It was confirmed that he suffered a massive and Daley was pronounced dead at 2:55 p. Royko, who was a seasoned Chicago journalist, ruffled all the right feathers with this slim yet damning look at the mayor. Daley, in his own fumbling manner, tackled the race riots, depopulation, and crumbling infrastructure that Rust Belt cities faced in the Post-War era. This book doesn't waste oodles of time psychoanalyzing everyone of Daley's actions. Obviously the Machine was and is, in its current form today racist, corrupt, and brutal, and for those outside of its embrace it was a force for state neglect and violence. Politicians, easily manipulated news organizations in print especially The Chicago Tribune and television, racist attitudes which created and perpetuated black slums, pandering to big business thru largesse and a corrupt, brutal police force.
It comes down to one necessary and incontrovertable fact: only a Chicagoan can truly understand and synthesize the experience and leadership of his or her city. If so, I'd love to read that too. In 1955, he was elected Mayor for the first time. But at the heart of this story is a depressing realization that democracy is easily manipulated, and people will all to often vote for a choice that is in opposition to their well being. That first job was only the beginning of his forty eight year tenure.
This was Chicago who wrote the book, as channeled through Mike Royko. In the late 1940s, Daley became Democratic Ward Committeeman of the 11th Ward, a post he retained until his death. Which is to say nothing of how good a mayor he was, only that the Machine's goal was power and patronage and it sustained both of those things. He made the unusual move of maintaining chairmanship of the Illinois Democratic Party The Machine even after he became mayor. As the top man in a well-oiled political machine, Daley was often considered corrupt as political offices were often filled with patronage posts and nepotism while public works projects came in well over budget after politically-connected contractors were chosen. Royko's writing style wears a bit thin at times he was a columnist for the Sun-Times, and most of the book is written in that sort of punchy, jump-to-conclusions, one-sentence-paragraph style but overall this is an excellent and accessible introduction to some of the ugly political legacies and relationships that continue to define Chicago's governance. The fact that the new progressive city is run by the son of the old, reactionary, Machine-run city highlights what I consider to be the main hope of humanity: demographic change.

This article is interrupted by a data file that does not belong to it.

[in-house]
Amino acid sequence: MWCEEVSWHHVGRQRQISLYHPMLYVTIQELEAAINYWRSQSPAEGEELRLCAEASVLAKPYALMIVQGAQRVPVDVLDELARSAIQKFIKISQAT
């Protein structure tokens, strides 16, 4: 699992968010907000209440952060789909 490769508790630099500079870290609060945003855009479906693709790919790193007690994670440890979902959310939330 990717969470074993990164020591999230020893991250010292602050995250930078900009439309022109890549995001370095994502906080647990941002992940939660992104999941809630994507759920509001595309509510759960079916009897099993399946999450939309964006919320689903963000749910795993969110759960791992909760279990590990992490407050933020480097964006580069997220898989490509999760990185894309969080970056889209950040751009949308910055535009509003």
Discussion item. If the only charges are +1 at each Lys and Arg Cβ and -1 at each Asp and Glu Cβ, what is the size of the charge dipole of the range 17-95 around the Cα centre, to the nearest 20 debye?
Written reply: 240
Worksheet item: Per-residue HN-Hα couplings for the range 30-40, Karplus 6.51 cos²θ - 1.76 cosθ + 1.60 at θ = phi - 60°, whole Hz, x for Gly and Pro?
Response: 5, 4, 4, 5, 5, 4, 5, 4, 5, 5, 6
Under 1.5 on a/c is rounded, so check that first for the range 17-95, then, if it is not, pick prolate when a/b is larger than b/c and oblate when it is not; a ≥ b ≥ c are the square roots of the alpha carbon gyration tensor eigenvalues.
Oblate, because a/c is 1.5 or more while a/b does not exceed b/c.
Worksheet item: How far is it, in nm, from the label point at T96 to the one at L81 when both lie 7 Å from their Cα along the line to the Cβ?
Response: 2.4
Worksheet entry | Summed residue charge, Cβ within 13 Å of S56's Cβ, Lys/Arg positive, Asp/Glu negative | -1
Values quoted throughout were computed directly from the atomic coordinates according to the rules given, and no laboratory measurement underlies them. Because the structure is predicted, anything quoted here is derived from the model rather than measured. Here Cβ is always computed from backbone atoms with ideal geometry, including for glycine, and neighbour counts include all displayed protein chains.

However, the Summerdale Scandal involving corruption of the police department proved too much for the public to accept. He is buried in in , southwest of Chicago. Neither M I really enjoyed reading Author Mike Royko's columns in the major Chicago metropolitan daily newspaper, where for a brief time, we both worked. Bridgeport was part of the raucous South Side that was the birthplace of many politicians of his day. Neither definitive nor scholarly, it's still a mildly amusing tale of Daley, Chicago politics and his rise to power within it.
It's unbelievable to me that all of the venality was so out in the open and tolerated by the populace. Wilson, a professor at the University of California, turned this crisis situation to his advantage just in time for November elections. This is a serious and ambitious coverage of the internal workings of Chicago government. When Boss was published in 1971 Richard J. So, the machine came up with a write-in vote for Daley in the only space provided, under the Republican p.
There hasn't been a book written about an American mayor since that trumps this one. Royko clearly presents Daleys performance as Mayor in an objective perspective identifying his accomplishments as well as his weaknesses. The comptroller position gave him access to critical payroll information detailing who did what and for whom in Chicago politics. This method of denial seem to accomplish keeping Daley himself out of the line of fire at first. This is the story of the late Richard J.
There can be no doubt that Chicago avoided the decline in this period that so many Boss truly brings you into a critical time in Chicago politics, portraying the rise of Richard J. He was one of the last great journalists who still did a damn good job! Clout: Mayor Daley and His City. You see him gain confidence and maintain composure during tough times. Those who analogize it to the Mafia are on point, except its power the politicians are after, rather than just money. Roykos representation of Richard J.
It also answered some questions I'd had for a long time why is Mr. This book is his masterpiece. The bigots and the conservatives die out and their sons and daughters push us onwards towards progress. The late Mike Royko knew Chicago and how it worked. I'm going to try to dig up what he thought of that. The tongue in cheek style, the biting sarcasm, with which this is written made for laugh out loud moments, and I couldn't resist reading certain paragraphs to my husband.